On a Stark and Dormy night in the tower of the Malthouse Theatre, strange happenings are afoot. The lights flicker and the wind howls (via playback), as the characters of Bunk Puppets’ sci-fi thriller are brought to life on stage by Christian Bagin and James Pratt. The production combines shadow puppetry and live-action characters to tell the story of Fox’s Family Fun Park, a theme park crossed with a zoo. The park is run by anxious father Marty Fox, who, thanks to the Russian mobster on his case, is forced to get inventive in dealing with his financial struggles. As Fox fights to keep the park afloat, his daughter Jessica brings her own issues back to the zoo, as she comes home from a fishing trip with an unexpected extra-terrestrial catch, placing everyone’s lives at risk.
Stark and Dormy follows a strong narrative arc, but technical execution is the key point of intrigue. Shadow puppets are used in a televisual fashion to act out dramatic soap opera with reverse-shot sequences, B-Grade thriller montages and corny action scenes. Bunk Puppets overtly draw attention to their performance techniques, there are no screens covering Bagin and Pratt as they show off their well-rehearsed and usually precise puppetry. We see each transition from puppet to puppet and each change of the cardboard set, even as front of stage live-action scenes and audience interaction is cleverly used to cover these intervals.
Whilst the puppetry transitions are smooth, the character shifts are masterful. Both Bagin and Pratt play a host of different roles, but most notably they play many of the same roles. The use of puppets enables this, but it is the matching accents of the two actors that ensures characters are instantly identifiable without a second thought for who is playing them at the time. The live-action characters are easily distinguishable due to Emilie Bloom’s minimal but effective costumes. Staple items, including a Russian fur cap, large glasses and goofy teeth, are used to mark out each role.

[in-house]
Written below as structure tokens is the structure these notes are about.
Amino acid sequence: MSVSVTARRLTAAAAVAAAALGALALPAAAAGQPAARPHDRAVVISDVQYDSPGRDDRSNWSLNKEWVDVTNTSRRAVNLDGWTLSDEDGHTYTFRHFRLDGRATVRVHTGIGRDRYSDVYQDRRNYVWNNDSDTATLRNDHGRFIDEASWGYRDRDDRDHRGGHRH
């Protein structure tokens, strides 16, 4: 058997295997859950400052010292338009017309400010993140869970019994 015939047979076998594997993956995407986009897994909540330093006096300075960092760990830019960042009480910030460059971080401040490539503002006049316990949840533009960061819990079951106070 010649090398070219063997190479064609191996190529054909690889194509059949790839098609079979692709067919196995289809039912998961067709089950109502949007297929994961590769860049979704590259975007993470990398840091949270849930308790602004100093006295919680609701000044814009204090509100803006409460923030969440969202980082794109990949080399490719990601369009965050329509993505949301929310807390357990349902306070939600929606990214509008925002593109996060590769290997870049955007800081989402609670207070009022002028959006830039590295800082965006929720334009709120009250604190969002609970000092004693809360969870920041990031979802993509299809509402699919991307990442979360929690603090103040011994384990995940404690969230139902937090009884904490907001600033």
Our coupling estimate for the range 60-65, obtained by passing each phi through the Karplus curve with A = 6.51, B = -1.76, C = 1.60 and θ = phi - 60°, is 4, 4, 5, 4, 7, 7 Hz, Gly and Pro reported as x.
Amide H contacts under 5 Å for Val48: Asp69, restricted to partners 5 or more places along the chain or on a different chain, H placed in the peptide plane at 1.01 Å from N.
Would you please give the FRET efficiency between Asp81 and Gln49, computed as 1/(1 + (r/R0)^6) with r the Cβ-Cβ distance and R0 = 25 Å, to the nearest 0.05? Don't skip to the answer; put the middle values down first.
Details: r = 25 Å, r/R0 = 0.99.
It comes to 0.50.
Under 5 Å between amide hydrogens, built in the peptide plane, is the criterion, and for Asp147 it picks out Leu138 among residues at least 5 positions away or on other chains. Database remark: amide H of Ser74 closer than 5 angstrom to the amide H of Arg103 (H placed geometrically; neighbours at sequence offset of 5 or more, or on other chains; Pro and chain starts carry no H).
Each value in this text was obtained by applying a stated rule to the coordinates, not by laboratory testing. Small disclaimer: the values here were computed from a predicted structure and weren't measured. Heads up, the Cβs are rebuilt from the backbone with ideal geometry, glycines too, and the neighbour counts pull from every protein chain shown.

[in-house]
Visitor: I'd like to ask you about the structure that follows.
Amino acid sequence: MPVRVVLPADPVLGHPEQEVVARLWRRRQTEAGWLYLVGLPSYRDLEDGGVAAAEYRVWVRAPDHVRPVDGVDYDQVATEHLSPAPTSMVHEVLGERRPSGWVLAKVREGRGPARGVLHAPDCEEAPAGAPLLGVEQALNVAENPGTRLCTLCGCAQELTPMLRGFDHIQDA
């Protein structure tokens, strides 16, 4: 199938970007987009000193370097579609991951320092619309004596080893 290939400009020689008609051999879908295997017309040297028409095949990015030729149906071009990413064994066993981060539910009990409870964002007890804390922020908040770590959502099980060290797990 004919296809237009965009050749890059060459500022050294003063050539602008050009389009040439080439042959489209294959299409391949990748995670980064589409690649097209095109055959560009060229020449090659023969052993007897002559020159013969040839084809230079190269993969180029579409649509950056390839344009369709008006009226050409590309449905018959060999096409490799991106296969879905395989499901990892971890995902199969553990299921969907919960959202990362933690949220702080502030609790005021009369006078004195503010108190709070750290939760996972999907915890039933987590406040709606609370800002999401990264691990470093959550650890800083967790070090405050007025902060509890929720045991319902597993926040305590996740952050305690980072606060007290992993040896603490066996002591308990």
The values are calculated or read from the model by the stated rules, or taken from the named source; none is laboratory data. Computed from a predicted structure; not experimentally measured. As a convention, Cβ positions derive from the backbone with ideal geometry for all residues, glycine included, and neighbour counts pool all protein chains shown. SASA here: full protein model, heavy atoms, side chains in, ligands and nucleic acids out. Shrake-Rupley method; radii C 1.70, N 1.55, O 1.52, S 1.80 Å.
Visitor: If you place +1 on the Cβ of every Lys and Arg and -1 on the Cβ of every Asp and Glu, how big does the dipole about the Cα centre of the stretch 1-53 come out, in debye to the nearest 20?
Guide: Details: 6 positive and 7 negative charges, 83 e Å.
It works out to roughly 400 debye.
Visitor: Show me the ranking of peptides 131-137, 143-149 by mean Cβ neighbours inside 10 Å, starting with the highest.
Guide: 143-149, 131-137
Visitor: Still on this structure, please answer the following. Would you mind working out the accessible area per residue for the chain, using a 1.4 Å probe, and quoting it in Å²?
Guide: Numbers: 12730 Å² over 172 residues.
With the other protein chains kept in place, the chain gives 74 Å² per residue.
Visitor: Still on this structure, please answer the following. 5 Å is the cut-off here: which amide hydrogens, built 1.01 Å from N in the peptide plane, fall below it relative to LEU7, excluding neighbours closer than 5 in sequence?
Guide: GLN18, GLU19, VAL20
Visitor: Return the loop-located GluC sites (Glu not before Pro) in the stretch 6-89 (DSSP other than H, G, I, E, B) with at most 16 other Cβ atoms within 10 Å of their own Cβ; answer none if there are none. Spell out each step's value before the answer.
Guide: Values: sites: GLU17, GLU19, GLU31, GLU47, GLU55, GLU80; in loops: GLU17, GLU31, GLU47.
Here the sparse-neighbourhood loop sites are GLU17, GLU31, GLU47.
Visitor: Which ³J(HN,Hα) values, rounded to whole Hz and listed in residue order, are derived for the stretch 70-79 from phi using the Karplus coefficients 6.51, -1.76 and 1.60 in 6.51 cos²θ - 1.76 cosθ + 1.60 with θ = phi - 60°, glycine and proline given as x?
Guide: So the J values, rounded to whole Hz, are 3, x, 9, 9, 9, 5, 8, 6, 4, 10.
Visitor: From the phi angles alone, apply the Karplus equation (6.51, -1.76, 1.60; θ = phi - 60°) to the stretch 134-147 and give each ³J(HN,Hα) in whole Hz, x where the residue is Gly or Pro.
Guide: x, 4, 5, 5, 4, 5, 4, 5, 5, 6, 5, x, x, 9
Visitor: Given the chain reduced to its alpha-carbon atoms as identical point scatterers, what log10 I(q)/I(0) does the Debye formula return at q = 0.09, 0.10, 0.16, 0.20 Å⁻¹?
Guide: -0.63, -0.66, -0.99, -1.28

Another strength of the show is its willingness to break the fourth wall. Inside the narrative, audience members are welcomed to the Fun Park, dine out at a fancy restaurant and become the unsuspecting victims of ping-pong ball gunfire as the park is defended from an attack. Involving the crowd so often is a risk, with the potential to irritate more than excite, but the playfulness of the actors in such a small and intimate venue draws a warm response. Both Bagin and Pratt also win the respect of the crowd through their attention to detail, as food orders and blackmail techniques offered up by audience members early in the show are utilised much later in the narrative, to generous laughs of recognition.
As the narrative tension builds, a misplaced pop culture reference momentarily jars, but the audience quickly forgives. The show’s staging techniques escalate with the story, moving the light source for the puppets to the front is a simple but exciting variation used as the narrative approaches its climax. It would be rude to spoil the final projection technology exhibited, but it provides a platform for Bagin and Pratt to display a true depth of puppetry skill.
Stark and Dormy is an impressive feat of performance. The story is entertaining but a little predictable at times, however its execution by Bagin and Pratt as a vibrant puppet/live action hybrid truly captures the eye. Jeff Achtem’s direction cohesively co-ordinates many moving parts and it is exciting to watch an ambitiously different style of comedy. Not every joke lands, but like many of the Hollywood blockbusters the show’s narrative evokes, as a spectacle Stark and Dormy shines.
Stark and Dormy by Bunk Puppets runs at Malthouse Theatre in the Melbourne International Comedy Festival from 28 March — 21 April 2019.
Photography by Andrew Wuttke